Thursday, May 9, 2013


Granfield, Linda. Out of Slavery: The Journey to Amazing Grace. Illustrated by Janet Wilson. Toronto: Tundra Books, 2009. ISBN# 978-0887769153. $15.95. Grades 4-7. Picture book—nonfiction.

Originally published in 1997 as Amazing Grace: The Story of the Hymn, Out of Slavery was selected as a nonfiction best book by Quill & Quire (a Canadian award). This historical account of the slave trade focuses on ship captain John Newton during the mid-1700s. Granfield’s writing is descriptive, rich, and engaging. She uses vivid metaphors and a relatively high level of vocabulary, with many interesting historical facts and details that older elementary age readers would probably find fascinating. Clearly Granfield conducted extensive research for this book, including Newton’s Journal of a Slave Trader. However, she does not sugarcoat the story and she presents information about the reality of the slave trade that could be disturbing for some readers, presenting information such as babies that were born on a ship were often “tossed overboard.” Somewhat ironically, devout Captain John Newton prays for the Lord’s help to “deliver his cargo of 207 African men, women, and children to be sold in the marketplaces of the West Indies.”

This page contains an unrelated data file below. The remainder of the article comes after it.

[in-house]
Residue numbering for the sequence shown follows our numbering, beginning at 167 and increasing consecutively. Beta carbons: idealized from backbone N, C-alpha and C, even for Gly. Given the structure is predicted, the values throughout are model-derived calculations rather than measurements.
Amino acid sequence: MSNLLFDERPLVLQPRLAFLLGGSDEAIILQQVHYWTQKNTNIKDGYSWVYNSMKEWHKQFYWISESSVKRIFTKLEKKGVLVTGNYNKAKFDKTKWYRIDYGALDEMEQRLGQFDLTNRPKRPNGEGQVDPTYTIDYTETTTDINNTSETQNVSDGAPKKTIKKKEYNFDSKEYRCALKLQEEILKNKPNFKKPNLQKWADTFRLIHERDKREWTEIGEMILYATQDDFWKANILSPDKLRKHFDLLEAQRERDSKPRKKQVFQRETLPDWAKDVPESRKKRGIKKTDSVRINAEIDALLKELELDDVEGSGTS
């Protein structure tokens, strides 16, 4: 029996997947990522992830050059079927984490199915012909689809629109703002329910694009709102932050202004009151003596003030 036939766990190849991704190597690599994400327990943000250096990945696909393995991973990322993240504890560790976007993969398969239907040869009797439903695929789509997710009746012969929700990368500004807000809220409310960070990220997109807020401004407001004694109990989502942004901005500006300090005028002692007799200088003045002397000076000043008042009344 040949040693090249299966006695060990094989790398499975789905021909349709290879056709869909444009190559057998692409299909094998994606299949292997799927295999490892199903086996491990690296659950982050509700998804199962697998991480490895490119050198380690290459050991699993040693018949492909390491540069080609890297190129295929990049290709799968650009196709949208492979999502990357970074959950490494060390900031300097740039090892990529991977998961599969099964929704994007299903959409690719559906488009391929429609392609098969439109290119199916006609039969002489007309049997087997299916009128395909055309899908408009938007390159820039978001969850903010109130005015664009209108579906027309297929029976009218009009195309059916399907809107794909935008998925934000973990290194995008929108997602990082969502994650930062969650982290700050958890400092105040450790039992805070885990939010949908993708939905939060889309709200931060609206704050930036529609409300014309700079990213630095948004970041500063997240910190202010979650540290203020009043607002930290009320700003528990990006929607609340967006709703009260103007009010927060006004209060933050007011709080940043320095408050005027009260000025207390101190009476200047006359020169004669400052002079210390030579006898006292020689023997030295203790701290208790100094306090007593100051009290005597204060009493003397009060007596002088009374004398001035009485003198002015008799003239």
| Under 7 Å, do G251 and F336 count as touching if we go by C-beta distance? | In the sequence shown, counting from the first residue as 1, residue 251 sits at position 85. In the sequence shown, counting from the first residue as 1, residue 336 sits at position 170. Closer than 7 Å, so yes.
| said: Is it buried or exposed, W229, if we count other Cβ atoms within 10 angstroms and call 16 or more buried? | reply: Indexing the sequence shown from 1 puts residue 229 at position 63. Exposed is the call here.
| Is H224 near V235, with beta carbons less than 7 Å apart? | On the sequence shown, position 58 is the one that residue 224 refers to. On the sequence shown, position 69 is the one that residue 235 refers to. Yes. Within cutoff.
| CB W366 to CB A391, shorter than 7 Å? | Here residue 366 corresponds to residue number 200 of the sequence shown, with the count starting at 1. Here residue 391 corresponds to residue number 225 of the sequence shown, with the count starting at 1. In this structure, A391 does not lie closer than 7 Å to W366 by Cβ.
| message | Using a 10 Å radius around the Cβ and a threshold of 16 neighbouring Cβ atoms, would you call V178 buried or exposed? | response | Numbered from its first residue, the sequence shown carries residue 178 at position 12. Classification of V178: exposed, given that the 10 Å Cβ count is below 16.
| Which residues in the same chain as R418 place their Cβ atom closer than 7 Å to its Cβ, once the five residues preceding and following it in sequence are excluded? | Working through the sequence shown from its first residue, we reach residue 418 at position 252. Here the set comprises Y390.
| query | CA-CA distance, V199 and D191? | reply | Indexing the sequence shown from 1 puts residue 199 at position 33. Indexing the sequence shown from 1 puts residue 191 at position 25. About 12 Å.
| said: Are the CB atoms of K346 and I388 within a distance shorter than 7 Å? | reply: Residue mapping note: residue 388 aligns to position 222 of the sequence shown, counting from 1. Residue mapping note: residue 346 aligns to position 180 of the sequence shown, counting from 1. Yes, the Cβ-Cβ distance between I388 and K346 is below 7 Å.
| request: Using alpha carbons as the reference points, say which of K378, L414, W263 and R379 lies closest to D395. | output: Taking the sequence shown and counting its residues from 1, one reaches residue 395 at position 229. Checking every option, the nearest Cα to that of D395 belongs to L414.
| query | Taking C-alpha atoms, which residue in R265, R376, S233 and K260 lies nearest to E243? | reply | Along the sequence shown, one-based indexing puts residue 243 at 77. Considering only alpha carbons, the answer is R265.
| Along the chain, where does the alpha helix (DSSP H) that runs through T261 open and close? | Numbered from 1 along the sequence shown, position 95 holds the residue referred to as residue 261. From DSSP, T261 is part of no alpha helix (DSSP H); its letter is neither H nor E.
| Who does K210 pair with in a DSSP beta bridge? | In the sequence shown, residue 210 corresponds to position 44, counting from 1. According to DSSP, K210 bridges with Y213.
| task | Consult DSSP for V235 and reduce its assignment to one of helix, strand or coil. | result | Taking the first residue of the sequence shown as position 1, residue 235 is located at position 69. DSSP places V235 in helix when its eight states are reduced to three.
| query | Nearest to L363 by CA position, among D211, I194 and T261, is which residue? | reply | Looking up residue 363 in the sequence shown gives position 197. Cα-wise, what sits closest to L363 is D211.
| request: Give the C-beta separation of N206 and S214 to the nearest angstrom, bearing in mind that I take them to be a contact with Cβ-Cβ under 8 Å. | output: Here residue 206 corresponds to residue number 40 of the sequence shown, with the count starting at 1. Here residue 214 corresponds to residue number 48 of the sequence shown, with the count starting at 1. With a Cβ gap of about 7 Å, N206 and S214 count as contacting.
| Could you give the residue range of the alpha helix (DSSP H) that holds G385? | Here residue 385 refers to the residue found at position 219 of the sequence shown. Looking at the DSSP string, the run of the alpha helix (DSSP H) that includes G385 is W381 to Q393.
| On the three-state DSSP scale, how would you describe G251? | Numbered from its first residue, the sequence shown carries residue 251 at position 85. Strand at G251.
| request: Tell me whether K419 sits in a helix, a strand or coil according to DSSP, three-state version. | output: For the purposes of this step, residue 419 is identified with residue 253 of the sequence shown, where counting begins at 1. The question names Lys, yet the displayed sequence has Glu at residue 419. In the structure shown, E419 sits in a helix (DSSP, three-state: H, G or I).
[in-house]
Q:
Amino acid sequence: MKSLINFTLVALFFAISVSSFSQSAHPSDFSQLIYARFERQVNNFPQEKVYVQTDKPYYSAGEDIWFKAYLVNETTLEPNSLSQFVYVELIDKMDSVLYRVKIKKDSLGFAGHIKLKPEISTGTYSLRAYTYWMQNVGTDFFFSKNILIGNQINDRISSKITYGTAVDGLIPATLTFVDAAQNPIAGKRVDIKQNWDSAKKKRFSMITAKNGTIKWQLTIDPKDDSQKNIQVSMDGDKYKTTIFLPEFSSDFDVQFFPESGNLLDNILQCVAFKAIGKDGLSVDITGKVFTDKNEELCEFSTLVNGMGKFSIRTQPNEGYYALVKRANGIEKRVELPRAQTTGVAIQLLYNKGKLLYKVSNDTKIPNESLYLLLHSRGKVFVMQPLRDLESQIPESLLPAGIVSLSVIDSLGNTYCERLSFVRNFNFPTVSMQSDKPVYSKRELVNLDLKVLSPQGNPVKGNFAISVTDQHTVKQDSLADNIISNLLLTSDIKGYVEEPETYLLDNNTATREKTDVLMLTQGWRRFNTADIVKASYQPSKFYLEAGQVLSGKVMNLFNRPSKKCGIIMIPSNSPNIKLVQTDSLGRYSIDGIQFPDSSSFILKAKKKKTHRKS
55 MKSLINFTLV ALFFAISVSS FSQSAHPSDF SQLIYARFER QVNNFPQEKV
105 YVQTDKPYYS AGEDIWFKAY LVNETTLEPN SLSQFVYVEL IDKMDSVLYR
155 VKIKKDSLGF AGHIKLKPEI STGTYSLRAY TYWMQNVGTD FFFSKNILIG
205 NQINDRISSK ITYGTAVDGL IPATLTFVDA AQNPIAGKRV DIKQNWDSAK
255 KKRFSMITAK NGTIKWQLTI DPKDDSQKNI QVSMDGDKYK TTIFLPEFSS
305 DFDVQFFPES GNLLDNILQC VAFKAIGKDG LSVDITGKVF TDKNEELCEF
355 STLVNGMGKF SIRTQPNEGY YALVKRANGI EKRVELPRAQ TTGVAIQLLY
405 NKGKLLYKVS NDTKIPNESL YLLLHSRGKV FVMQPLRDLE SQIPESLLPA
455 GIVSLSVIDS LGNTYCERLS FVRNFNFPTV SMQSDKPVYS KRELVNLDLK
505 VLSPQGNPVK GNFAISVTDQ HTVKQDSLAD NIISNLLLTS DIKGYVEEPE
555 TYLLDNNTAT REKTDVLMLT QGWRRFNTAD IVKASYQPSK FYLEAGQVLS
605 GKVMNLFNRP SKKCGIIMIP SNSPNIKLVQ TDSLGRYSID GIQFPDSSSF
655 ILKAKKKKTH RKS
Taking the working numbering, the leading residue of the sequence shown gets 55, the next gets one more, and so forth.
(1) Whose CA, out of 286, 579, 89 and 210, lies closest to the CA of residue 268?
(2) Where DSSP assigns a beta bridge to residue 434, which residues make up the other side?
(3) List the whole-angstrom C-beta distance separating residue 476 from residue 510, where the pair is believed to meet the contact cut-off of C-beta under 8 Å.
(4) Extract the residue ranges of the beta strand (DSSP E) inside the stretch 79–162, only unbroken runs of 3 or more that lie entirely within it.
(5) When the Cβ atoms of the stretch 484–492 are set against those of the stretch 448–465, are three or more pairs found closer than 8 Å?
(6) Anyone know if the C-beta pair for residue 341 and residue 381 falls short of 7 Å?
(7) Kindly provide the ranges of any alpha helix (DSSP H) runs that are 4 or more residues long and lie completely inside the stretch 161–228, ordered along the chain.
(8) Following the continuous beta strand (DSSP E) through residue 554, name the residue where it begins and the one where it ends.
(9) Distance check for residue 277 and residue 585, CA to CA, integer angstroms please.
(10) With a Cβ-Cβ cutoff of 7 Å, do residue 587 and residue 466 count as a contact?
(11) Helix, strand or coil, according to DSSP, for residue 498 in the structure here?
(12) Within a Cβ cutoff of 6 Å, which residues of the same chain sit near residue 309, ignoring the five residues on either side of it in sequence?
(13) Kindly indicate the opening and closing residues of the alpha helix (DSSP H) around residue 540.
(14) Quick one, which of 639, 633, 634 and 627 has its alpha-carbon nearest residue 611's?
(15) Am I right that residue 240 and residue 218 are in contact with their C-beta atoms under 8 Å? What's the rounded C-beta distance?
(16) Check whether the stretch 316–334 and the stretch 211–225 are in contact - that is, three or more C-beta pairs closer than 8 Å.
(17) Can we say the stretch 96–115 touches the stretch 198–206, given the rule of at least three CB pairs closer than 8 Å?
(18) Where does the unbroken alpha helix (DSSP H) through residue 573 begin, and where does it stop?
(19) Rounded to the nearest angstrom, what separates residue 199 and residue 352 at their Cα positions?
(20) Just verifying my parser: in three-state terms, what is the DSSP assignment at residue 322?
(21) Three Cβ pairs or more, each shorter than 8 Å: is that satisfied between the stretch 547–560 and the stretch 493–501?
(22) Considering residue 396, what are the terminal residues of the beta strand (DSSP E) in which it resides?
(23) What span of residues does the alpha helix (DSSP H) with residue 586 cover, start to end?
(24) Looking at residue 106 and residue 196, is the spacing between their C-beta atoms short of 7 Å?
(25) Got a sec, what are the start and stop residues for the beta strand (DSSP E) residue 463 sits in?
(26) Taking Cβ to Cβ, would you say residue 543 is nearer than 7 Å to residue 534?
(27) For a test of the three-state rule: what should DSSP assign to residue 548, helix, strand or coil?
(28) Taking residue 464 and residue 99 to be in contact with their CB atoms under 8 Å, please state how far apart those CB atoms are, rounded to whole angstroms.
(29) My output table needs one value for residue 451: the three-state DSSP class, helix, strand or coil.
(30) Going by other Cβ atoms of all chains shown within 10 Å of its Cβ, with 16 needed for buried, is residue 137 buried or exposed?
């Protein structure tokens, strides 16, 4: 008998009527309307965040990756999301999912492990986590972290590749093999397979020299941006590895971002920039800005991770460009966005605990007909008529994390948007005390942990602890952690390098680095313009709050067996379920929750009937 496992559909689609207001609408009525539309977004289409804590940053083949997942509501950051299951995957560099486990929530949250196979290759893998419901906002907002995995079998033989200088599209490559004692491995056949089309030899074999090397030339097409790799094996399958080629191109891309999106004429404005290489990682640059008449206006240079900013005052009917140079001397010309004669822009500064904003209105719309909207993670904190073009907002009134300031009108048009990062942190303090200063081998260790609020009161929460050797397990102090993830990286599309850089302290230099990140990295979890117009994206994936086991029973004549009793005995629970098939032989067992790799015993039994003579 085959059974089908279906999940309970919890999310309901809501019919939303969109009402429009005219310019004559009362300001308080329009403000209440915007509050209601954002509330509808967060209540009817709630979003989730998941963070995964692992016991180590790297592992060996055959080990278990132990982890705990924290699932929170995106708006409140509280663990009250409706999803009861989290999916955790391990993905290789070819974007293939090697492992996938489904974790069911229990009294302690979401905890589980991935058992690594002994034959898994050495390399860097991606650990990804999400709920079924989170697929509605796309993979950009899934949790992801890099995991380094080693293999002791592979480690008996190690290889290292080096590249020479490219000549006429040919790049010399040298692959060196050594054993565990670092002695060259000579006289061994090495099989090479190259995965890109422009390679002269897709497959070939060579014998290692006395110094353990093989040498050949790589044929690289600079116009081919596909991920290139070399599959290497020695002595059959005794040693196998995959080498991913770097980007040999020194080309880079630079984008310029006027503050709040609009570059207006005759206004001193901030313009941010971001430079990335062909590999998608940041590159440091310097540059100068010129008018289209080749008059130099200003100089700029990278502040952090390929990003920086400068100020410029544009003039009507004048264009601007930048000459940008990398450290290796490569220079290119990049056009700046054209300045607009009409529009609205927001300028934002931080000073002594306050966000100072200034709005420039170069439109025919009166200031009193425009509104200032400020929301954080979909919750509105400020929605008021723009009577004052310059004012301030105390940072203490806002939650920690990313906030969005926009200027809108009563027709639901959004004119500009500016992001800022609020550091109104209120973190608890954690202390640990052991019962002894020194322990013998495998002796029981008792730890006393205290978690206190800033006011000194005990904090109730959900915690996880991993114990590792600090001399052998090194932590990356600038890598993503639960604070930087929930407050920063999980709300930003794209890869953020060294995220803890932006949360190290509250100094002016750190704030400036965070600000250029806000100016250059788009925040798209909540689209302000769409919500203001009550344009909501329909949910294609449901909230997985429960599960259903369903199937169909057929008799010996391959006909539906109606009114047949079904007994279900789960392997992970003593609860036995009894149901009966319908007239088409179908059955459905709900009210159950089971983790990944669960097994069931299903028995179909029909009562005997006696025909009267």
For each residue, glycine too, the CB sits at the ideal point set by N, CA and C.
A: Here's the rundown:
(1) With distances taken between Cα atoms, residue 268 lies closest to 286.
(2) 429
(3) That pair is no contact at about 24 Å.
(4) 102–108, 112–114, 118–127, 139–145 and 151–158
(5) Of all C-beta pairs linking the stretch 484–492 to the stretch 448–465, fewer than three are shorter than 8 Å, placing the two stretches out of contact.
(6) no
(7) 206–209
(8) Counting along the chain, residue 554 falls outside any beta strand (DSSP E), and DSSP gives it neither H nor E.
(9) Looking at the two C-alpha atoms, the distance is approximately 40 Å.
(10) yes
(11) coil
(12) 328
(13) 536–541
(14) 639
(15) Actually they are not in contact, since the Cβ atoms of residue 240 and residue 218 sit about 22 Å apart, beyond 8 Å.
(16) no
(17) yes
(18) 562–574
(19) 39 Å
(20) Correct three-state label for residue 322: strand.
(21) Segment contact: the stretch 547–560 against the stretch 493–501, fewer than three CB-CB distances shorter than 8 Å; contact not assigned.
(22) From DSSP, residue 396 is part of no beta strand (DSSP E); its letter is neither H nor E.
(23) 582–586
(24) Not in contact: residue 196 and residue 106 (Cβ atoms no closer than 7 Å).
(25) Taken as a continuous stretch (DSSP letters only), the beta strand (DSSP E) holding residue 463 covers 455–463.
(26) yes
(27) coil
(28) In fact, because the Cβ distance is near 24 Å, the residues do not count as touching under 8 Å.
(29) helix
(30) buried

Eventually he decides to find a “more humane calling” and becomes a minister, writing sermons and a book of hymns, including “Amazing Grace” (which had a different title at the time). Additionally, he wrote a pamphlet entitled “Thoughts Upon the African Slave Trade” in which he decided in retrospect that slavery should be banned. Newton worked to abolish slavery in Britain and the British colonies, which actually occurred the same year he died in 1833. Additionally, readers will probably feel relieved by the relatively happy ending.

Wilson has won many awards for her illustrations and her work in Out of Slavery captures the tone and advances the story. For example, the first page shows the ship African during a fierce storm in 1752. She captures the movement of the “vicious, glitter tipped waves” and shows the ship pitched sideways as “the masts strained and moaned in the relentless winds.” Many of the illustrations depict horrendous situations, but of course, this book is presenting a horrific time period in human history.

According to Wilson, Out of Slavery is a companion book to In Flanders Fields, in which she used a similar artistic style. She says, “some readers miss the fact that I've depicted the same boy on his forced journey from Africa. Also, the inspiration for the image of the captives in Africa came from reading a diary of a slave driver of the time [Newton]. He wrote about seeing Africans with tears streaming down their faces as they walked.” The paintings were done in oil on canvas.

I highly recommend Out of Slavery for any reader who wants to learn more about the realities of slavery. This is an honest account of human greed and suffering. Considering the fact that slavery still exists in the world today (although it is more covert) perhaps this book will inspire others to help make a difference.

--Cynthia McDaniel

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